New study on how dogs became manâ€™s best friend
NewsThursday 24 January 2013
For just how long has the dog been ‘man’s best friend’? Well, archaeological evidence suggests that the human-canine bond goes back thousands of years.
A new study has shown that there are numerous genes shared between modern dogs and wolves that relate to starch metabolism, which suggests that dogs evolved from wolves that were able to scavenge and digest the food wastes of early farmers.
This has led to a number of suggestions. One of which is that dogs have evolved from wolves that were used by ancient hunter-gatherer’s as hunting companions or guards, and another has suggested that they have developed from wolves that stole our food leftovers and eventually came to live permanently around humans as a result.
This may be the explanation as to why dogs love to rummage around the kitchen bin in search of food.
Erik Axelsson, from Uppsala University, told the BBC News: "This second hypothesis says that when we settled down, and in conjunction with the development of agriculture, we produced waste dumps around our settlements; and suddenly there was this new food resource, a new niche, for wolves to make use of, and the wolf that was best able to make use of it became the ancestor of the dog.
"So, we think our findings fit well with this theory that the dog evolved on the waste dump.” He continued.
Dr Axelsson and his colleagues examined DNA that was taken from more than 50 modern dogs from breeds as diverse as the cocker spaniel and the German shepherd. Then, they compared their genetic information with those of 12 wolves taken from around the globe.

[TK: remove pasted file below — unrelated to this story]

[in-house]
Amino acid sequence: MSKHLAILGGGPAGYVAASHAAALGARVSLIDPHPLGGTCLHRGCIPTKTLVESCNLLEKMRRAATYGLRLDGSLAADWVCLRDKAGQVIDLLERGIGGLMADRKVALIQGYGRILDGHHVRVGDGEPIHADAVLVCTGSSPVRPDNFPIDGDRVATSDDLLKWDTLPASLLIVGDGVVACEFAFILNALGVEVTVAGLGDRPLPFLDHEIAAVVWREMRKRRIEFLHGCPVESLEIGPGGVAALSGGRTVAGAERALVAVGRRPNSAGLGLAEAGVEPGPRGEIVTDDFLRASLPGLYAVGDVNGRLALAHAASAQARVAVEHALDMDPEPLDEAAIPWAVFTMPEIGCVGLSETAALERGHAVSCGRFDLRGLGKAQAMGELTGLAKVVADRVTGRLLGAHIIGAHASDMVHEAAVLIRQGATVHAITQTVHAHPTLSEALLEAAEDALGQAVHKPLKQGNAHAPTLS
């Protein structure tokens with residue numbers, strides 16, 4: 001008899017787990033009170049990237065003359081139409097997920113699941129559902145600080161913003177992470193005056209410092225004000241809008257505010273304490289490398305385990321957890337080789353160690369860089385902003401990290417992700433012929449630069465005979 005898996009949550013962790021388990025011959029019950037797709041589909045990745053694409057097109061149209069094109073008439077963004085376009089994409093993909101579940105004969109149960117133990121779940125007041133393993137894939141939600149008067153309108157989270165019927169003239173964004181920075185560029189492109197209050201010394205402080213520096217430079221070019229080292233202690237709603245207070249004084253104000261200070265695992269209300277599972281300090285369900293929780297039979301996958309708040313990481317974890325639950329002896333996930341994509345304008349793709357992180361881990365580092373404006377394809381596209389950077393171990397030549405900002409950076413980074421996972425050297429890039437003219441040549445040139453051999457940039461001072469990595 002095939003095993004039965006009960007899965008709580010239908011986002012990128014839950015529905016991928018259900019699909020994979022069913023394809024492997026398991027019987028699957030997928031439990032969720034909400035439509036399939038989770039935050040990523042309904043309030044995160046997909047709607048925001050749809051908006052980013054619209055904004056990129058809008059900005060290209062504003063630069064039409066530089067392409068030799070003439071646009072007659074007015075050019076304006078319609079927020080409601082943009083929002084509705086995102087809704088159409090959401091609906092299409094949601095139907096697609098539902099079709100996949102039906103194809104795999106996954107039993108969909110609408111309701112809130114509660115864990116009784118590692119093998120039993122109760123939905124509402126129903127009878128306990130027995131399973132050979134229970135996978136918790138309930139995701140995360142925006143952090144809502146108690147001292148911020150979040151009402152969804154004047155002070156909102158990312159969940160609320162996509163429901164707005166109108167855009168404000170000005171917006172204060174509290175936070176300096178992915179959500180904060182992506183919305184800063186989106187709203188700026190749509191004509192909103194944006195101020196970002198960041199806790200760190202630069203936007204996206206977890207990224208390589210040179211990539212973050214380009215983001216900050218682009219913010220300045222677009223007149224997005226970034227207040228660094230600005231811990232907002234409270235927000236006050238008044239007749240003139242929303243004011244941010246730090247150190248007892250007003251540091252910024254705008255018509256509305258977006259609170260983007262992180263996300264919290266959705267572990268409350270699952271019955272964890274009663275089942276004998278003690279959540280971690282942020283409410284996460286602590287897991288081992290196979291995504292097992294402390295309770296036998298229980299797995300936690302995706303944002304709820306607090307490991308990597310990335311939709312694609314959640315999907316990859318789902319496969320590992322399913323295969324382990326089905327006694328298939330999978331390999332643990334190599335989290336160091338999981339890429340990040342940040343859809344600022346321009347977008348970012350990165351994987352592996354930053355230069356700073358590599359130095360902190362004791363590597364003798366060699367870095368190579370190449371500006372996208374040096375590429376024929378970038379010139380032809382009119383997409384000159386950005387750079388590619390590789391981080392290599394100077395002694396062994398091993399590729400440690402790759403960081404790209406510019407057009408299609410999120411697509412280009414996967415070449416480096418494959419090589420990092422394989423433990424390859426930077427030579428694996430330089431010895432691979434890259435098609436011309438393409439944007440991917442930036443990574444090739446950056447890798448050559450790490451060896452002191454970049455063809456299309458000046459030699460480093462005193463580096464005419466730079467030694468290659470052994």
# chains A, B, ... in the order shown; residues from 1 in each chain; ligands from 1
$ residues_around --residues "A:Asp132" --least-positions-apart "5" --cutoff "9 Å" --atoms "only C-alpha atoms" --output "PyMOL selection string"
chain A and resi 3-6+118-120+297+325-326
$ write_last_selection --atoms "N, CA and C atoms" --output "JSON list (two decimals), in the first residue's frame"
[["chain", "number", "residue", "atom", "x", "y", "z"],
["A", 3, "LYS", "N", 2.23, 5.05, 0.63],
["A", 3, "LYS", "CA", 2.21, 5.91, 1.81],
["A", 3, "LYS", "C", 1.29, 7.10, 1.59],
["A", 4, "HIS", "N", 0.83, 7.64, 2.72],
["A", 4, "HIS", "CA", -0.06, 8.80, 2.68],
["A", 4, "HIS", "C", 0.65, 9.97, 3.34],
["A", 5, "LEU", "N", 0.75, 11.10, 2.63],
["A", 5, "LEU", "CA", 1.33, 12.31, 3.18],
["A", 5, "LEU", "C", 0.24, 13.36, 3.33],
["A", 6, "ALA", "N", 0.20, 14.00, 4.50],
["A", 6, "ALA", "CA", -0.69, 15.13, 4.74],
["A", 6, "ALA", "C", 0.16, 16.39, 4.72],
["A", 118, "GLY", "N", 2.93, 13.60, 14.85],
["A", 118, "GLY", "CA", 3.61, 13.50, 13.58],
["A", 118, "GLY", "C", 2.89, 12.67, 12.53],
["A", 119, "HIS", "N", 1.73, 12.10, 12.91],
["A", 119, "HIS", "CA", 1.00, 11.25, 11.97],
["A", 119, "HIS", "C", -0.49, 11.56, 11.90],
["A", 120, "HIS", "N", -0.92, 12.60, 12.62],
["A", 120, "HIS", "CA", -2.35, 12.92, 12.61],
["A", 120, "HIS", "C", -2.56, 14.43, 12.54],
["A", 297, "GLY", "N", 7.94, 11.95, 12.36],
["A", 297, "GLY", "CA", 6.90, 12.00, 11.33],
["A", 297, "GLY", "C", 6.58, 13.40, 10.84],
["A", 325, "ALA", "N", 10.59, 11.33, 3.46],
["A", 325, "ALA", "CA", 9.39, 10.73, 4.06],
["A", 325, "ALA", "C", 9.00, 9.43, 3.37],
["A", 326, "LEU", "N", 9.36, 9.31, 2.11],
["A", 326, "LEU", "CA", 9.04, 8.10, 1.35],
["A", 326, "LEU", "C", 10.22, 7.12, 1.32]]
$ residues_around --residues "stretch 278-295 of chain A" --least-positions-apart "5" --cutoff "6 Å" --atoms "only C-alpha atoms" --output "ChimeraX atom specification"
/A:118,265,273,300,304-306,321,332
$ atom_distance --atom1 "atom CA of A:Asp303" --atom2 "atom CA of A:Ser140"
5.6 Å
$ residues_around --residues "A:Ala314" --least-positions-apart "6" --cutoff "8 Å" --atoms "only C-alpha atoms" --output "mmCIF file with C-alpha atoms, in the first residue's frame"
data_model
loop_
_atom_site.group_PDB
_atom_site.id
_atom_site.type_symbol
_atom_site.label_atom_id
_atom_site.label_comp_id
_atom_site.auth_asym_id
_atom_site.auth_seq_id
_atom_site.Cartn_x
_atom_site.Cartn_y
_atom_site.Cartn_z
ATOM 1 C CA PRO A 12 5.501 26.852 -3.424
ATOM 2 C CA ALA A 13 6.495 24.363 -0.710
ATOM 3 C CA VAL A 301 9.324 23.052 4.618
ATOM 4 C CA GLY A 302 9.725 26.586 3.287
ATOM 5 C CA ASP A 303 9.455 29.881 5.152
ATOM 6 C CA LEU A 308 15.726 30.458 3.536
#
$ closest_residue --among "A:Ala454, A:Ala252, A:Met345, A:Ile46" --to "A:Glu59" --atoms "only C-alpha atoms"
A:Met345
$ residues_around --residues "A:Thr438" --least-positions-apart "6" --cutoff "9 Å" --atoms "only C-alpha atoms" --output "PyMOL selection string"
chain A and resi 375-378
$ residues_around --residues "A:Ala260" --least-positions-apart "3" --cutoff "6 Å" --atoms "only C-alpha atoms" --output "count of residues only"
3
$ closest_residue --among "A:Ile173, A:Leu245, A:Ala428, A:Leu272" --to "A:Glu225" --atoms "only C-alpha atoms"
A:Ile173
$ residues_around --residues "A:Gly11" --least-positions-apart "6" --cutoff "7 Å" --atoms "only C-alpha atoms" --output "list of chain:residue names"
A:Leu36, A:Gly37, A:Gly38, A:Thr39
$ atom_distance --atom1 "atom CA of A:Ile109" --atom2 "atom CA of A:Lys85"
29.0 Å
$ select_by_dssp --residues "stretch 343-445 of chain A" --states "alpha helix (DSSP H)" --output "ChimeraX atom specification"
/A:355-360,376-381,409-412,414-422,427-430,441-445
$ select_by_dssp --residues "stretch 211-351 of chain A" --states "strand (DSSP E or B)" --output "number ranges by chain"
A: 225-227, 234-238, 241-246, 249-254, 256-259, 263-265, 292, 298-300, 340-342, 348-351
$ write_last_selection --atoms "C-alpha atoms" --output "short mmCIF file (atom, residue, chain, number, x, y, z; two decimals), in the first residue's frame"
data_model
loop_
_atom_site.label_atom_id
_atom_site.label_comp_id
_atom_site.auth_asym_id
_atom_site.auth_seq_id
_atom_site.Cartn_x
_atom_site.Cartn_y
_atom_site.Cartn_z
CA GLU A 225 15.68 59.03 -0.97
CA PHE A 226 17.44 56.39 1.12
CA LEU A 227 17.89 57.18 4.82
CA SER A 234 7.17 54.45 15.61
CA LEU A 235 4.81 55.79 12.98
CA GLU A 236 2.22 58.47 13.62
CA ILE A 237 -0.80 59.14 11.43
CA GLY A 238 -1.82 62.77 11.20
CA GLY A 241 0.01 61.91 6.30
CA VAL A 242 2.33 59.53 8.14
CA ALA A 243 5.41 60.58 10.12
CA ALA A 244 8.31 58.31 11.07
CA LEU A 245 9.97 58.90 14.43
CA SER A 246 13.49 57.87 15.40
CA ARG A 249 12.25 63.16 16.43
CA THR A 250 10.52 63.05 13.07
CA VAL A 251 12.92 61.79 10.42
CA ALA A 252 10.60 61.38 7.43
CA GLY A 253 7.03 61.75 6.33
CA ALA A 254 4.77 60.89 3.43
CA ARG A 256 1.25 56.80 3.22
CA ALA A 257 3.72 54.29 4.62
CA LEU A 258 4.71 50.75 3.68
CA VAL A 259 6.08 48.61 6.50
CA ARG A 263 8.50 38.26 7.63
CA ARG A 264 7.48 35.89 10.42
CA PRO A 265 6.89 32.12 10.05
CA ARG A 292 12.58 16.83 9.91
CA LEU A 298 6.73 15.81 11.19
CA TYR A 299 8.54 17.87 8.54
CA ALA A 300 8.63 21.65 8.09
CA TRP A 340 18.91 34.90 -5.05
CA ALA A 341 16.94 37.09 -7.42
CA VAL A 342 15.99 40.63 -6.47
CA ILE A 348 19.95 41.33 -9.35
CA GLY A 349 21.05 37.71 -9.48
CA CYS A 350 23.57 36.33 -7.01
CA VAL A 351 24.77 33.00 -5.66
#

And their results showed that modern dogs have far more genes that help them digest starch, which is something that would have been advantageous in an ancestor scavenging on the discarded wheat and other crop products of early farmers.
"Wolves also have these genes but they don't use them as efficiently as dogs," said Dr Axelsson.
"That means the dog is a lot more efficient at making use of the nutrition in starch than the wolf."
They also studied brain development of the two animals. The dog is a much more docile creature, the likely consequence of early humans preferentially working with animals they found easier to tame.
"Previous experiments have indicated that when you select for a reduction in aggressiveness, you obviously get a tamer animal but you also get an animal that retains juvenile characteristics much longer during development, sometimes into adulthood," said Dr Axelsson.
This might go some way to explaining the oft-repeated observation that dogs are permanently stuck in a kind of puppyhood.
The study of the origin of dogs is still as puzzling as ever, but it is nice to be able to imagine how the dog ended up becoming man’s best friend.
So what does everyone think? Any ideas as to the origin of the human-canine bond?
Picture: Carsten Tolkmit